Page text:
Happiness comes in odd packages.
Tonight I feel surprised by happiness.
I feel happy about choosing my own Christmas. Maybe I could like it after all…? I feel happy about the room I decorated—just one room, at the suggestion of my friend Amy. I feel happy about real evergreen and hemlock, real pine cones and leaves, real twigs and berries. I feel happy about homemade snowflakes on the window panes, the way they take the chill off the early darkness because of how it makes them pop.
I feel happy about Wednesday, the day my friend Cynthia is going to teach me how to make coconut candy.
I feel happy about pumpkin pie, made with pumpkins from our garden—used as décor all autumn, now baked, pureed, and frozen for good things this winter. I feel happy to share a pie with a friend, and get a huge plate of Christmas cookies in return.
I feel happy because this year we are finally hosting a Christmas hymn sing—a bunch of friends who love to sing too, coming over for food and carols on a Sunday night.
I feel happy about December 19—the night some close friends offered to take us out for dinner as a Christmas gift, with babysitting and kids’ supper provided. Shrieks of delight. And you ought to hear the kids…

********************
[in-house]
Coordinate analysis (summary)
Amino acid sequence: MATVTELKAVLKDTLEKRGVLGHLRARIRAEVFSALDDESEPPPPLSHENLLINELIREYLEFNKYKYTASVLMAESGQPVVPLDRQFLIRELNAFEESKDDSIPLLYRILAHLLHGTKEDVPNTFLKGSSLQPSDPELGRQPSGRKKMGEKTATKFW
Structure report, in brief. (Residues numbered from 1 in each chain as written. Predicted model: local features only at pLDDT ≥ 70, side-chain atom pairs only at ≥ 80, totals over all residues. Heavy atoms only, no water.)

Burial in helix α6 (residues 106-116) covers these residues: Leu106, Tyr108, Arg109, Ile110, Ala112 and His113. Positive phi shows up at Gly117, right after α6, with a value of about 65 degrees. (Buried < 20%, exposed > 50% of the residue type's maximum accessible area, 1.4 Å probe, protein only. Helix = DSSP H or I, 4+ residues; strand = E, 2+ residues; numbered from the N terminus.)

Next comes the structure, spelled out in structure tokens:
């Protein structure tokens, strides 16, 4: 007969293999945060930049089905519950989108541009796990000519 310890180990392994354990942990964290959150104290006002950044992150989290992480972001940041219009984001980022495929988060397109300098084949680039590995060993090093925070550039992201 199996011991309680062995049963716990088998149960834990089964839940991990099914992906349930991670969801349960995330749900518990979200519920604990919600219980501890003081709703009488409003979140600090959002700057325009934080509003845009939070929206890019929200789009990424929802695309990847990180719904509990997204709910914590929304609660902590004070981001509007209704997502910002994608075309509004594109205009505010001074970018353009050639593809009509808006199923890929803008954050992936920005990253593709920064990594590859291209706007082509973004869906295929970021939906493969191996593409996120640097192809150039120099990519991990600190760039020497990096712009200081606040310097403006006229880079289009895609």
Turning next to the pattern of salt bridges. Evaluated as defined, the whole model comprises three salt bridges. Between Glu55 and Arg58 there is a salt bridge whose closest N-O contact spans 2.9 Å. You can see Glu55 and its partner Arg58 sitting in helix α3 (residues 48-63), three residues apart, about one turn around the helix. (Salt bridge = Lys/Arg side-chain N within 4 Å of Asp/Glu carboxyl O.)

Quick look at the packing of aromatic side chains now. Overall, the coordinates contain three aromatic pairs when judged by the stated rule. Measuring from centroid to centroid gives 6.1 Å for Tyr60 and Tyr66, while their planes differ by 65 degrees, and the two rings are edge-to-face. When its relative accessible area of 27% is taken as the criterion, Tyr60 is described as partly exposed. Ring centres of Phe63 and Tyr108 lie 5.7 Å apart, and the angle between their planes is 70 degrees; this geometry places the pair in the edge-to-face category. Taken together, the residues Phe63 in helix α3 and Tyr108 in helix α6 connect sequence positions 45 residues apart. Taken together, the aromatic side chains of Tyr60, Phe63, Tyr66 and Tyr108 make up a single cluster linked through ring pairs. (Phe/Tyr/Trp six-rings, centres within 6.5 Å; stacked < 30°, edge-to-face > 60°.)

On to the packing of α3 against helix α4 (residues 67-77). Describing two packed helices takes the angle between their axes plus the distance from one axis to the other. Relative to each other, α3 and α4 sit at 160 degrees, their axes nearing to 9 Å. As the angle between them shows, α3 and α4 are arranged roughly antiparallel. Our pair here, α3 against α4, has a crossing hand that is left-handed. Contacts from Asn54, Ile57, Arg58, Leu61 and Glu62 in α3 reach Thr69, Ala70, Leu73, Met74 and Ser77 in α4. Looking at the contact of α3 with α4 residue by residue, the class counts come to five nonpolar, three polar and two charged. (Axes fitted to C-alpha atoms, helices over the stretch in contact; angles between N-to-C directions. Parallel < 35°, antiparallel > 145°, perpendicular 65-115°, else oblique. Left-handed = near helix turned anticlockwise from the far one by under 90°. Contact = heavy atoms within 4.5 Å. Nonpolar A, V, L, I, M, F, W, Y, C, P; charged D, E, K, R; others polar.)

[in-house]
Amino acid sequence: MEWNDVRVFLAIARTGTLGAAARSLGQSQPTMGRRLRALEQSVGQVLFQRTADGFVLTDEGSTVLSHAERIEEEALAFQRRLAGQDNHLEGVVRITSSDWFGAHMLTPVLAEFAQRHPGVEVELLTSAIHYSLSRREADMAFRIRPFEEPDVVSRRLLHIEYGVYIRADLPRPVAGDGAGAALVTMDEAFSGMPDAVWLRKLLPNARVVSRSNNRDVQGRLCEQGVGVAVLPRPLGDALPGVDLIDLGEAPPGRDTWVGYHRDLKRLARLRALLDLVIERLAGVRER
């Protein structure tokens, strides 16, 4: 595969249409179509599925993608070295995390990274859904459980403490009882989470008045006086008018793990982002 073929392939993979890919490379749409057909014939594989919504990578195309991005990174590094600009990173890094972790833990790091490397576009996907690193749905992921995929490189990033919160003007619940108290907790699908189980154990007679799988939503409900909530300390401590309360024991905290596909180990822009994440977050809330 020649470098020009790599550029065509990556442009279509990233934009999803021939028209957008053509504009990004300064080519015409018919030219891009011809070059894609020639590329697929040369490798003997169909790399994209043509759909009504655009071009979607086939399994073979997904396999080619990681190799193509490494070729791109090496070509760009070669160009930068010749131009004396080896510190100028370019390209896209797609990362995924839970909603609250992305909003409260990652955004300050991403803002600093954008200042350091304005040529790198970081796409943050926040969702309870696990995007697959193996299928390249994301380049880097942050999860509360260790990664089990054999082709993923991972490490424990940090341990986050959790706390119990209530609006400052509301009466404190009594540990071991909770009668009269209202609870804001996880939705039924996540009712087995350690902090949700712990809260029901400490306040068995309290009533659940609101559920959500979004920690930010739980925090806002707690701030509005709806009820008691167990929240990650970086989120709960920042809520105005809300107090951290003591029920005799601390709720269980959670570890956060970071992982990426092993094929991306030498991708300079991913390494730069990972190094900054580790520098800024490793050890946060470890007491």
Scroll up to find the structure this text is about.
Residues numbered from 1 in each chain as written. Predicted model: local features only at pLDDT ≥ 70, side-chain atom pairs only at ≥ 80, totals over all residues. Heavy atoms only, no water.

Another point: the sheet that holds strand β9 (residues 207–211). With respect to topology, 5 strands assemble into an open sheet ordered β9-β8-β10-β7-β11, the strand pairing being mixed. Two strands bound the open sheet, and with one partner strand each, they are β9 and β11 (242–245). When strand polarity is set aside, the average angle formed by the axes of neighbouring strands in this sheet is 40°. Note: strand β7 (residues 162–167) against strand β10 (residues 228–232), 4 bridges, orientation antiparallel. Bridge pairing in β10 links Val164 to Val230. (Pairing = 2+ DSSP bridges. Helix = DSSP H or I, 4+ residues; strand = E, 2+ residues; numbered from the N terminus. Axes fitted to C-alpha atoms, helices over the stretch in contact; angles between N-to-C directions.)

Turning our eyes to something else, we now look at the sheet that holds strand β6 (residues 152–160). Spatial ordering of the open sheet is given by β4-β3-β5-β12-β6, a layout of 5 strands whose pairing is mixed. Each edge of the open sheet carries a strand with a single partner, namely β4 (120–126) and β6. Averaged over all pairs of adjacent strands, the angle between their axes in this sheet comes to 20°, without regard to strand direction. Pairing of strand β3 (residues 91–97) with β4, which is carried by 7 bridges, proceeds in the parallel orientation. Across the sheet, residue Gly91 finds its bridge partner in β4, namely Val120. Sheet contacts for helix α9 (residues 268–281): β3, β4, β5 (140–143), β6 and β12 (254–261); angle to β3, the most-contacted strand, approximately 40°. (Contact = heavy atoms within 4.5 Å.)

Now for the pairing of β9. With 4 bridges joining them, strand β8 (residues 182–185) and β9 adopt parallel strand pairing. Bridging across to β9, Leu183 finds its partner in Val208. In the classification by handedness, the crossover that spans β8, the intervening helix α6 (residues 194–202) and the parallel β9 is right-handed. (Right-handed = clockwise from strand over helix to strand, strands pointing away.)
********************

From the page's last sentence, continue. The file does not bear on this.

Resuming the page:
I feel happy about our plans to celebrate the birthday of The Boss* this week.
*(Yes. That’s right. I confess I do not feel especially happy that he is The Boss again. I suspect that he really wanted to save face here on my blog, to reappear in power. That is why he was so careful to remember the date. But I could be wrong.)
I feel happy when I water my 25 houseplants, and think how I moved here a year ago with just two.
I feel happy when I check my email, and find kind words from my sis-in-law, and others…
I feel happy that my friend Ada shared her amazing fruitcake recipe with me. I’ve been craving it for three or four Christmases now, since the first time she gave me one. Someone mentioned fruitcake on this blog (Alvin S, I think) and suddenly I was possessed of the need to bake some. At once.
I feel happy after Communion at church last night. I love Communion. I hope I don’t talk too much about my church. Not everyone experiences church life with joy; not everyone experiences our church life with joy. But I can’t help myself. I love the way the ladies chatter while we wash feet (we cannot be quiet; we just can’t)—the way we laugh at the sock patterns on each other’s bare feet, and warn about foot odor (not that there is any), the way we threaten to bring scrubbing brushes and foot lotion next time and do it right. The men do not understand our prattle when we compare notes later, but they have their own diversion from tradition: they wash their little sons’ feet once in a while. I love this. I love that last night my friend Carla brought dried fruit and bottled water to hand to the children when they began to cry for the bread and wine. I love the songs, and the silence, and the way people talk and cry and laugh and tell the hard things the Lord is teaching them. I leave full.
Maybe the little Happys mean more to me this week, in the midst of the big Unhappy about my sister. Tomorrow I think I can finally share words for it. I had to say the Happys first.